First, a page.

Depending on your local codes, there may be. You may have to fill the gap between the concrete and the framing with extruded polystyrene or other non-conbustible material in order to get rid of the "chimney" behind the wall. Or you may have to just put in a fire barrier on the bottom of the ceiling (firecheck sheetrock works great here).
In some locales you only have to do this if you have electricity running in the wall. In others, you have to do it no matter what. In some you can have no gap if there is electricity in the wall. In others you can have a 1" gap as long as there is no electricity. The key is you will have to check for your area. But independent of codes, for maximum safety the ideal is the framing is just tight enough so 1 layer of extruded polystyrene fits between the two. If your wall varies you can use more or less trimmed insulation to take up the space.
What they are trying to prevent is a fire in the basement racing up behind the wall and directly attacking the space above through unprotected ceiling joists. As such, some locales will allow the hollow space, but you need a fire barrier between the space and the exposed joists. 5/8" firecheck drywall provides the necessary protection in any codes I've seen.
I use this system when building here in Tompkins county.:
- seal the concrete wall (I finally broke down and bought a heavy-duty sprayer so I spray 2 coats of drylok now; backbrushing it in wth a masonry brush as I go).
- insulate joists all the way to the rim joists (ie past the where the concrete starts).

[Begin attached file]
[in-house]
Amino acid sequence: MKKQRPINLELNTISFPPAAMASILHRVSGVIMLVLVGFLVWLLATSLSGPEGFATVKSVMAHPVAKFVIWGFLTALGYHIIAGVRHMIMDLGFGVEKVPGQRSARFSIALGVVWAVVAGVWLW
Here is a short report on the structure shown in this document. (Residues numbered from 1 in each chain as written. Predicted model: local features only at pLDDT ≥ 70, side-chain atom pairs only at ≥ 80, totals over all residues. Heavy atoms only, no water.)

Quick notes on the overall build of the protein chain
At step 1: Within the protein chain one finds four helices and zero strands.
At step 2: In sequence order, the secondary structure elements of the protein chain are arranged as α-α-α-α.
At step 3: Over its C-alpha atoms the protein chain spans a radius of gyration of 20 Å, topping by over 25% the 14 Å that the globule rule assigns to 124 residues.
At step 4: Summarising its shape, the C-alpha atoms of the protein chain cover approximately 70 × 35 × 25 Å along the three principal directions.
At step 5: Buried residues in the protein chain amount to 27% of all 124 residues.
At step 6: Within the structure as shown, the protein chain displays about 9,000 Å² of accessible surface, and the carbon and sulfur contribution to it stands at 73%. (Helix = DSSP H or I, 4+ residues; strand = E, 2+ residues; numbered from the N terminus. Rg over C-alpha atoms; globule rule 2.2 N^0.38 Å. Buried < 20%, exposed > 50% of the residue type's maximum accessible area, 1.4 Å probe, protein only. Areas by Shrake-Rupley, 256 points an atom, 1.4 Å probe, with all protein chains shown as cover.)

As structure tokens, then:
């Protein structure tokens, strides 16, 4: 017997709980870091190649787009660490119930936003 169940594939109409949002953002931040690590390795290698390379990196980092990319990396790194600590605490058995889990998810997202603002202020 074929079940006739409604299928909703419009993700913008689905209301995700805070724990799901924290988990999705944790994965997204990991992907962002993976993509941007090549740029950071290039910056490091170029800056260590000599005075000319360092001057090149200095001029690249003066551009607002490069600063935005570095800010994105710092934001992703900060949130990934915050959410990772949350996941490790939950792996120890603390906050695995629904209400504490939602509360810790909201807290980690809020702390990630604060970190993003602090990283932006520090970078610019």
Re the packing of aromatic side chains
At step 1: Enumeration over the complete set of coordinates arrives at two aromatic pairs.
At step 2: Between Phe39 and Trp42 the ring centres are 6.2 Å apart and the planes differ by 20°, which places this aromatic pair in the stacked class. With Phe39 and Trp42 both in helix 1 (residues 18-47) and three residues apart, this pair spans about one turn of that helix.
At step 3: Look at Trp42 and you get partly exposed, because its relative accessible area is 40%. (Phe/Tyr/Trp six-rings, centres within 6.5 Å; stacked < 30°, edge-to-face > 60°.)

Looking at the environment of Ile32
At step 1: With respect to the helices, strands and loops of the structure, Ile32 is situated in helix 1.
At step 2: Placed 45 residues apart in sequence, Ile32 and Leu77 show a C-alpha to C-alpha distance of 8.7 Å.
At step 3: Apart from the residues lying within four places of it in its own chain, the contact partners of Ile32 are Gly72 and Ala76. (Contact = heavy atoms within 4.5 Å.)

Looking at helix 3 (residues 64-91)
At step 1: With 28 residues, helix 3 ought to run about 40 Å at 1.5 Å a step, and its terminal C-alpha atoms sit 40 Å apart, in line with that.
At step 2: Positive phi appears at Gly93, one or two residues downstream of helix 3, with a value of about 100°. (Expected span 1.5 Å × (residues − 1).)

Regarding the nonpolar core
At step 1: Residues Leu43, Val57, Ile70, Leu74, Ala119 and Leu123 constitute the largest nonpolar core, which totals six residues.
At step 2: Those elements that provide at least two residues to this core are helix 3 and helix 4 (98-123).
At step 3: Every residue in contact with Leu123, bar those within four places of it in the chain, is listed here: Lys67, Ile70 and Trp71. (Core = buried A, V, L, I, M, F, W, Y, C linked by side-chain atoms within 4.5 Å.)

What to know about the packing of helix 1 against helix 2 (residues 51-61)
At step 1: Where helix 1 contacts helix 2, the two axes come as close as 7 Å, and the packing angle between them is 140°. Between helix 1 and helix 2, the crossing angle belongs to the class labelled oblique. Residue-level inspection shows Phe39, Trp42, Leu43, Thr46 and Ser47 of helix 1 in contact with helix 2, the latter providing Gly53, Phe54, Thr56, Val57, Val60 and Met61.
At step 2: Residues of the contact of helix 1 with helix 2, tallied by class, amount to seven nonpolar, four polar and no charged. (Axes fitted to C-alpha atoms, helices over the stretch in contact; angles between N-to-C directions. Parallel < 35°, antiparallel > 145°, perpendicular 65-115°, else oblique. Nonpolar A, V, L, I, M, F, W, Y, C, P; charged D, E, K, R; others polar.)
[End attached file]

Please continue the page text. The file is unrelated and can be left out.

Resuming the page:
- install one layer of 2" extruded polystyrene against the concrete wall with the insulation tight up against the joists and the floor. Seal all joints wth appropriate tape.
- snap floor and ceiling lines for where the plates will be going. Doing the top line first and drop a plumb line for the bottom line. I build in place using this approach, not build and flip. It far is easier to get a straight wall out of not so straight lumber this way, even when working alone.
- where the wall plates will run between 1"+ to 2.5" away from the insulation I add a second layer of either 1" or 2" to close the gap to
- where the wall plates will run 2.5" or more out, I cut 5/8" firecheck sheetrock strips to width (the snapped lines show you how much) and install directly to joists and tight to the polystyrene insulation. Some inspectors will make you fire caulk the seams; some won't.
- frame the wall, and where necessary trim the sheetrock back a bit so there is a nice tight fit with the back side of the ceiling plate. If you were a bit short in some places fill in the void with fire caulk. Like I said, some inspectors may make you fire caulk it anyway.
- if you want more insulation or do not want voids in your walls (which is bad for HT's if any part of your HT is on the exterior walls), then fill with UNFACED insulation. If you use faced it creates a vapor barrier and you now have a potential if not guaranteed mold problem.
- drywall the walls with no more than 1/2" sheetrock. If you want more drywall than this because you have a HT room which is using an exterior wall(s), then put the extra drywall on the outside wall of the theater facing the other living space. That way all interior walls are balanced wth the same amount of 1/2" sheet rock (same frequency response), you still get your isolation, and your exterior walls can still breathe. I've seen lots of people make the mistake of putting too much drywall on the exterior wall. Let's hope they never get much moisture in the wall...if they do their won't be enough evaporation before mold starts to grow.
- If you paint the drywall do not use an oil or alkyd point. Stick with acrylic or latex. In short, anything that goes on the wall must be permeable and allow moisture vapor to pass.
That's it. The space behind the wall is now no more prone to fire burn-through to the floor above than the living space on the other side of the wall. Any moisture that gets into your wall can breath itself out, and warm air can not get to the foundation wall and cause excessive condensation.